When you’re running a company and managing your own time, the ability to retain perspective on the big picture while getting stuff done day to day can be overwhelming. Some people are naturally more visionary thinkers and others are more comfortable executing. It’s tough to do both.
For those of us with that gap between our dreams and our to-do lists, there’s a simple fix: build a system to span that gap. Start from the top, plot out your goals, and break it down until your dreams are presented to you daily in manageable tasks on your to do list.
Vision > Strategy > Goals > Roadmap > Tools > Do the work
From big picture to the nitty gritty details, you want to build a framework that’s right for you. It’s systems all the way down.
But first, it’s important to remember that no system is one-size-fits-all. Some people get stuck trying to force their work into established productivity systems. This is a mistake, but a common one.
Your work and your flow are unique, and so should your system be as well. It’s less overwhelming this way, too—it removes the pressure to conform to external standards. Sometimes we get caught up in trying to replicate other people’s success, forgetting that our differences are actually our competitive advantages.
The brilliance of being your own product manager is that you decide how you want to work, so don’t make things harder than they need to be. A good system doesn’t get in your way. It fits naturally into your workflow and it guides you forward. Play with tools, learn about different systems, take the pieces that work for you, and make it your own. Getting Things Done and the Bullet Journal are two popular productivity systems, but there are plenty to choose from.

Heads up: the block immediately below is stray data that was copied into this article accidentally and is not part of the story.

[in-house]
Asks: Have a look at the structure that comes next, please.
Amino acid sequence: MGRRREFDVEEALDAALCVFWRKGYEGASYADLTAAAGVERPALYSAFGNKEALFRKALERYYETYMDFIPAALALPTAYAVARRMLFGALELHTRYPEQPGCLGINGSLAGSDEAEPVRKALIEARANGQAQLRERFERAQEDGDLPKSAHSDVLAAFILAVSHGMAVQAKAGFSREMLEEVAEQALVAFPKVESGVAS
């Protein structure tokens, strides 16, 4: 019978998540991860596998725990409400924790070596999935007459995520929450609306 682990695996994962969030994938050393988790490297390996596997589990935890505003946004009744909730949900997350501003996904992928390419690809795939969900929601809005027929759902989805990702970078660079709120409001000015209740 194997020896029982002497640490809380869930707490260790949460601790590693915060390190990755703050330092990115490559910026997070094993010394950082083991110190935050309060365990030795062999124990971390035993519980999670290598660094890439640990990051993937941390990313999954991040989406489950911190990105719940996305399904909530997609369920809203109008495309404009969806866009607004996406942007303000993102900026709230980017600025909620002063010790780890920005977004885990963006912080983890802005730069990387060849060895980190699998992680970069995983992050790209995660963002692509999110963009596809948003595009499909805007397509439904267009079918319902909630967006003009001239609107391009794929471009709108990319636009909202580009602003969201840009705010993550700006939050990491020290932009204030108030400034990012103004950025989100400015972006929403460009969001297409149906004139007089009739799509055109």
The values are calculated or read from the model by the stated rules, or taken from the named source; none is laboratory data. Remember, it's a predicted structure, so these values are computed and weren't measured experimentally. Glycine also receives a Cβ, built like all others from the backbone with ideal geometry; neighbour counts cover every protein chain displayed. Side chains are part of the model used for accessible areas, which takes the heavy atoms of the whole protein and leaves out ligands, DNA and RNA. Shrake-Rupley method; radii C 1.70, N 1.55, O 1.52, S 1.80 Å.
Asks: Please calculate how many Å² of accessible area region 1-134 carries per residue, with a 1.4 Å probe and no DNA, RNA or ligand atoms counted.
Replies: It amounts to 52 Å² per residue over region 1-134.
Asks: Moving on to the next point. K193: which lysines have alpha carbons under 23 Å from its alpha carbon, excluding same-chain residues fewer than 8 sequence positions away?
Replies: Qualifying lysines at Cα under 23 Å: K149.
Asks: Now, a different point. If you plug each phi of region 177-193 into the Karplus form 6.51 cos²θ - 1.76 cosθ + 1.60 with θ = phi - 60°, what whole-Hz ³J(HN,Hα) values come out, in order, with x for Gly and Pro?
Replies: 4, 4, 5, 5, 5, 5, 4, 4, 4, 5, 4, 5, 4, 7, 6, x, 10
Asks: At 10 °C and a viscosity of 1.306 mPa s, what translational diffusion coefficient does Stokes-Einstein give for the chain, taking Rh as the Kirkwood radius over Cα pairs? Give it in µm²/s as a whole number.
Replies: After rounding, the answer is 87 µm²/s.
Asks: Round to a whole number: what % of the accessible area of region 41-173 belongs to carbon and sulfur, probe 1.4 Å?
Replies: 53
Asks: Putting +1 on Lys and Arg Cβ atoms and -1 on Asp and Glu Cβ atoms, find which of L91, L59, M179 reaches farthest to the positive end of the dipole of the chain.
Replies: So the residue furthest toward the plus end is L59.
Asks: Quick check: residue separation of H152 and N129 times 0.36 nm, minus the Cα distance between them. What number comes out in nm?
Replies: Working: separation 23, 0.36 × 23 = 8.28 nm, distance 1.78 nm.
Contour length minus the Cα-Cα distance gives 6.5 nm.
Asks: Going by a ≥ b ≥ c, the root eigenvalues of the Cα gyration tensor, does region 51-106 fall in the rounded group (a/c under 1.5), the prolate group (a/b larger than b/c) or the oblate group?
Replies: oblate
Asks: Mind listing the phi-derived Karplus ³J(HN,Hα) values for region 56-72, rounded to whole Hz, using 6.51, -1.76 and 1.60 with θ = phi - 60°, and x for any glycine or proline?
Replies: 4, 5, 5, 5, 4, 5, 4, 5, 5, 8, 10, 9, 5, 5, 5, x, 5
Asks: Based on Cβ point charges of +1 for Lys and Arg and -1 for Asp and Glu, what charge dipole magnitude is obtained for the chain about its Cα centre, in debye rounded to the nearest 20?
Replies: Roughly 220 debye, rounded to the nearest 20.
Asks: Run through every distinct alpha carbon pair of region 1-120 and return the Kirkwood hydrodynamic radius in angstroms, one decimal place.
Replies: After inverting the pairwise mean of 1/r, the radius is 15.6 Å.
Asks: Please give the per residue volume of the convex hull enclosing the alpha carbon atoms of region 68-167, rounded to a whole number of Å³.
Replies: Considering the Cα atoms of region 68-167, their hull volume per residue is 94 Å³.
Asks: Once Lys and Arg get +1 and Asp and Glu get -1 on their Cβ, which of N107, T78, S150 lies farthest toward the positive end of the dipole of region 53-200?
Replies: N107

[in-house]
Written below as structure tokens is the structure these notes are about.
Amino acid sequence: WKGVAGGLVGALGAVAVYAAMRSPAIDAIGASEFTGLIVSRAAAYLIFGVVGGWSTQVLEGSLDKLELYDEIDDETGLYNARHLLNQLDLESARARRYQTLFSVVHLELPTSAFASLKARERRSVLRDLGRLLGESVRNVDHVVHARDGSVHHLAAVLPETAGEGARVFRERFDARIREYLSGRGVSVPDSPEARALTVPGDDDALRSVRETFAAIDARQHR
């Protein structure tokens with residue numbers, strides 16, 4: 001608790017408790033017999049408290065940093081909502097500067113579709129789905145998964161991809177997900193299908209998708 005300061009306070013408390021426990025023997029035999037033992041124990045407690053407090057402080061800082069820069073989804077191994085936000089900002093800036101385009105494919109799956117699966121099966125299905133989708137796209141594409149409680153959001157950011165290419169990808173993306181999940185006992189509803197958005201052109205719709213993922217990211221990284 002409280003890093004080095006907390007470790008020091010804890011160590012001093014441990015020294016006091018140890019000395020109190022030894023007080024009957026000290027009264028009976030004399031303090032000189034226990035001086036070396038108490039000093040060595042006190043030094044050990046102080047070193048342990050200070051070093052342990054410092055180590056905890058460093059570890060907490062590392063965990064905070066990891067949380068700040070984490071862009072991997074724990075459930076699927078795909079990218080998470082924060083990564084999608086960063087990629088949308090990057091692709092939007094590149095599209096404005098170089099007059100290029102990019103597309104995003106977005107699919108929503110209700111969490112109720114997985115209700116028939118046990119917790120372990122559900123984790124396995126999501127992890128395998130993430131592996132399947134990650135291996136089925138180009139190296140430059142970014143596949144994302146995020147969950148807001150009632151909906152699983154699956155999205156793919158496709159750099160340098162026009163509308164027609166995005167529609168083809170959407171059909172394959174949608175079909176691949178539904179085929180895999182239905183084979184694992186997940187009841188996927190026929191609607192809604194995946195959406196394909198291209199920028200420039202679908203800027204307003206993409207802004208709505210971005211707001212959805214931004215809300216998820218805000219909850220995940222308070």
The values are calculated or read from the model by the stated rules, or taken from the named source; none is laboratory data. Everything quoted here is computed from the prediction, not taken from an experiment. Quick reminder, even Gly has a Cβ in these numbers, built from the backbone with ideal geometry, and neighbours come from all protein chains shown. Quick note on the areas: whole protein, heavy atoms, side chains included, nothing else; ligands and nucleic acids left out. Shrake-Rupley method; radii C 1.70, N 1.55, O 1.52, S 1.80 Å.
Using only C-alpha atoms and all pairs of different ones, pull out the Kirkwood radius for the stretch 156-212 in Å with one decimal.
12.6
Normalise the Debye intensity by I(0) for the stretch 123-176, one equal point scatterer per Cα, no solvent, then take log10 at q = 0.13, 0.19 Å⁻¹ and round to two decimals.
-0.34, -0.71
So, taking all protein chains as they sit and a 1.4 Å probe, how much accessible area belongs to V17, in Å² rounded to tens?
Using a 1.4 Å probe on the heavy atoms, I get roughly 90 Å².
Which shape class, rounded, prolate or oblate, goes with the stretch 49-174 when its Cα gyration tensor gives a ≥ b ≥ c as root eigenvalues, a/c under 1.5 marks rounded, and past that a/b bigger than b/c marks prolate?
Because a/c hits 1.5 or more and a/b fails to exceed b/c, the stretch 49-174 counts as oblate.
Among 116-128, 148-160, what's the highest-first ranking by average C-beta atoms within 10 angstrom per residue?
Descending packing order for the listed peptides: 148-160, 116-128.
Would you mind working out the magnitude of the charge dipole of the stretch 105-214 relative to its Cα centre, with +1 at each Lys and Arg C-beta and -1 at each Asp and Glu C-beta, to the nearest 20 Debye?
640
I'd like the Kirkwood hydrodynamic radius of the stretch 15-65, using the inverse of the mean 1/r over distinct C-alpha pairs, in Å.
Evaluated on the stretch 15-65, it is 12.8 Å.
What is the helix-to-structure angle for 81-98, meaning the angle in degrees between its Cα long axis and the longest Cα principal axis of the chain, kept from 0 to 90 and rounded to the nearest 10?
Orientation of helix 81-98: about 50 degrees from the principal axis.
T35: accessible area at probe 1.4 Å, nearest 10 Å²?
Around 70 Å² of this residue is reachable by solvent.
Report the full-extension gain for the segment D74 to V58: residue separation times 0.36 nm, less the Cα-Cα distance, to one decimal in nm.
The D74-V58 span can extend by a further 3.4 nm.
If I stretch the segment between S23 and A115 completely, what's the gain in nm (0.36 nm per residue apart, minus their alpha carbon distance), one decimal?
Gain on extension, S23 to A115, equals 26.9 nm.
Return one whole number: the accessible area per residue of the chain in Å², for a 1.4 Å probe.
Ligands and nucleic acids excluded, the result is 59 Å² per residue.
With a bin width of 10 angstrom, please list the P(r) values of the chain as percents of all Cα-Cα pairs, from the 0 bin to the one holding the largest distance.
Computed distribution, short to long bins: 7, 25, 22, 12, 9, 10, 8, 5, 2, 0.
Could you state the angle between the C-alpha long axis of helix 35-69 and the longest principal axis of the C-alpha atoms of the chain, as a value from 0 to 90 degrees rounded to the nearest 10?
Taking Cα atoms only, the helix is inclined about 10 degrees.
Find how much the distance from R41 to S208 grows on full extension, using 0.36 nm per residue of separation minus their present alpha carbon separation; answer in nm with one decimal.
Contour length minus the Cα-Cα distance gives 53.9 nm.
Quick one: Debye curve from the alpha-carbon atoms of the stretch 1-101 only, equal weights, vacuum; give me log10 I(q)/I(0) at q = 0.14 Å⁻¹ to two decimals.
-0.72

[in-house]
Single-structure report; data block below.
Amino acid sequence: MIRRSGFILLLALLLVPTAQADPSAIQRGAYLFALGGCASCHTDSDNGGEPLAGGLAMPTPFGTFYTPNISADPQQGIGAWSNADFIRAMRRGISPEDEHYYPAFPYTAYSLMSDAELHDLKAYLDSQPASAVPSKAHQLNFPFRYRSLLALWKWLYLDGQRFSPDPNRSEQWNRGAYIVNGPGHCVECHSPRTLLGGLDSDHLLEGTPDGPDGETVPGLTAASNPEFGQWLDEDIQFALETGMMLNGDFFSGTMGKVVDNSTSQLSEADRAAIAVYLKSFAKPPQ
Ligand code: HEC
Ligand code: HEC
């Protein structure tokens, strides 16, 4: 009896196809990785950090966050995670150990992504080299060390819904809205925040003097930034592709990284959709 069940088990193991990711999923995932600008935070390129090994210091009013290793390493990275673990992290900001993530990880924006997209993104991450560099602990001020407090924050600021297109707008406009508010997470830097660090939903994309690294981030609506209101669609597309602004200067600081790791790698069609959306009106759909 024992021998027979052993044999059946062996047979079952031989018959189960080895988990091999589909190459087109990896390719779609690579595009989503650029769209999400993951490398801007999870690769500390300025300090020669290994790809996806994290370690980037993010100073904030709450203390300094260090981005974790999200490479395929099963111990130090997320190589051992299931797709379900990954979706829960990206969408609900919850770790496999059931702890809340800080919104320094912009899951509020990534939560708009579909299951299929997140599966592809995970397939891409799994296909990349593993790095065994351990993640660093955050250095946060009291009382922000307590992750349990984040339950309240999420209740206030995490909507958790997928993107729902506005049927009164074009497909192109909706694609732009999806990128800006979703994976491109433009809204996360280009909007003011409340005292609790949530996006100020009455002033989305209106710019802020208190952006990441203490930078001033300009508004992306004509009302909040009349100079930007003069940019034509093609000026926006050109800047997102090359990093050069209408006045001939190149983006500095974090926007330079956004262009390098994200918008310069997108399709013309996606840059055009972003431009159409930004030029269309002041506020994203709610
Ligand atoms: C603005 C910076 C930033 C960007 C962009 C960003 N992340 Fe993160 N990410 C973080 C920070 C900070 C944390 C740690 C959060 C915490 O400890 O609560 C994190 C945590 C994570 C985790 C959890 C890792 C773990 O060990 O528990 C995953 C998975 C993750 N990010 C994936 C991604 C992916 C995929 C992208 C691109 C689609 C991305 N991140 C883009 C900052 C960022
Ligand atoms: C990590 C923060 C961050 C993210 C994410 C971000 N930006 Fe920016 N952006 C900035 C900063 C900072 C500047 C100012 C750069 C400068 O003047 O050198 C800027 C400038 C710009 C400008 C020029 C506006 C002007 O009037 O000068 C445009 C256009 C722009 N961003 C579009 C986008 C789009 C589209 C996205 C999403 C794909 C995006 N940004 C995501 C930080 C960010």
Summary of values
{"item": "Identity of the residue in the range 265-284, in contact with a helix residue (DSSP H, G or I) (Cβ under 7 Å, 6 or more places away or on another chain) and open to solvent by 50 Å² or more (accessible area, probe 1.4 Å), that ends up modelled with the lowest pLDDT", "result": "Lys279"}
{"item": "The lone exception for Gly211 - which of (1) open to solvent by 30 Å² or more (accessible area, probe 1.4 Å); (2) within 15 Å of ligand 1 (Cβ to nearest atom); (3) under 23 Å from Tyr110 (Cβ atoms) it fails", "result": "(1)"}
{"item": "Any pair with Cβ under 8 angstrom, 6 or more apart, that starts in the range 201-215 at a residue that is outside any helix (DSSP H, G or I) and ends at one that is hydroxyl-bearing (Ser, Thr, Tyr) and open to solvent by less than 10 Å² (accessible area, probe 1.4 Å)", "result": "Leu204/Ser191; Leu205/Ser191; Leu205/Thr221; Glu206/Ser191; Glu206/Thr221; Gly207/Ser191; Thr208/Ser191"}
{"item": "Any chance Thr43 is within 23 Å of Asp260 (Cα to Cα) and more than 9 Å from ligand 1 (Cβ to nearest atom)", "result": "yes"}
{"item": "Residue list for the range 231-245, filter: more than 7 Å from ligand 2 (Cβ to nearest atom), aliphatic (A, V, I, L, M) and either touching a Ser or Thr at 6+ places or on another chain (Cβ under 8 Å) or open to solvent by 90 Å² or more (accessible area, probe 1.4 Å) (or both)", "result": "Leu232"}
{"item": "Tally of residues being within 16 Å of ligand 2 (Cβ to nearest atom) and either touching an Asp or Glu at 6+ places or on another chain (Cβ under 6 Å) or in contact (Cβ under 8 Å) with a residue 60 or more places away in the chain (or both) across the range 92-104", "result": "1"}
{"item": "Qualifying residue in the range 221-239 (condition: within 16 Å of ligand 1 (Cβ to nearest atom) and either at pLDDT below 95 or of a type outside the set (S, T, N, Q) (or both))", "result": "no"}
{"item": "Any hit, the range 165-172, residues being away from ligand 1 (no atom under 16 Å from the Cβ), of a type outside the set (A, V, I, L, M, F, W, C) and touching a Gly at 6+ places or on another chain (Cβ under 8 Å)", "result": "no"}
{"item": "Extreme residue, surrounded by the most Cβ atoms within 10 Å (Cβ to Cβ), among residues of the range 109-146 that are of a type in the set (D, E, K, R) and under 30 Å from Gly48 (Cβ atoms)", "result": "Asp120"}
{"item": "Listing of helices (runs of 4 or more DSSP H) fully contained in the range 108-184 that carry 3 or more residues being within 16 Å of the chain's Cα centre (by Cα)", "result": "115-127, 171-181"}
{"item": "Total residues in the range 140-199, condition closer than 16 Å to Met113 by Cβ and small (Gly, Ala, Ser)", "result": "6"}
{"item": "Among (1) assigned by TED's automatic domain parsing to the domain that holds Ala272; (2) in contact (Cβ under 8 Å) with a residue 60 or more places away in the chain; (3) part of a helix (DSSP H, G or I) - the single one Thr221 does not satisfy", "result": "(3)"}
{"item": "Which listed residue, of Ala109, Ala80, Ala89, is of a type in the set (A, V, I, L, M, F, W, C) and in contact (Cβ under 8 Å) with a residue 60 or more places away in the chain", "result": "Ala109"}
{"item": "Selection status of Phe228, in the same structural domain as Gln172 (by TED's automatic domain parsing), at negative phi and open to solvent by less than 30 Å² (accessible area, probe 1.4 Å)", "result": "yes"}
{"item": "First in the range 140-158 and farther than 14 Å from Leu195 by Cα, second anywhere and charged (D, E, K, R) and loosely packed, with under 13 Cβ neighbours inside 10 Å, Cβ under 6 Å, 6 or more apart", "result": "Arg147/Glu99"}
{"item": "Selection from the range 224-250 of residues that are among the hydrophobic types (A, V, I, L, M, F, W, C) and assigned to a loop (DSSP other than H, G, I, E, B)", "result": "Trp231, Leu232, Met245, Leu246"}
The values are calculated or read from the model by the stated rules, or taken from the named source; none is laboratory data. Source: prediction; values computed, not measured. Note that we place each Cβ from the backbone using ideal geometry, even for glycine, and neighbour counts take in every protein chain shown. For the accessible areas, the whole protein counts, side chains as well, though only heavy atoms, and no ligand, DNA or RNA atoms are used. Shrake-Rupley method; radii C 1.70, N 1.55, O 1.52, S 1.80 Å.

It’s good to regularly review and evaluate your process and your tools, throw out the bits that aren’t working, tweak the bits that are, and play with it. Experiment with new tools, techniques, minor adjustments, wacky ideas, and keep messing with it until you’re having fun.
Have a Vision
Product managers have the unique role of looking both backwards and forwards, never losing sight of the vision. This is a key skill to hone for any entrepreneur. It’s easy to get lost in the weeds, only to realize on some particularly stressful afternoon, “Wait, what am I even doing right now? And why?”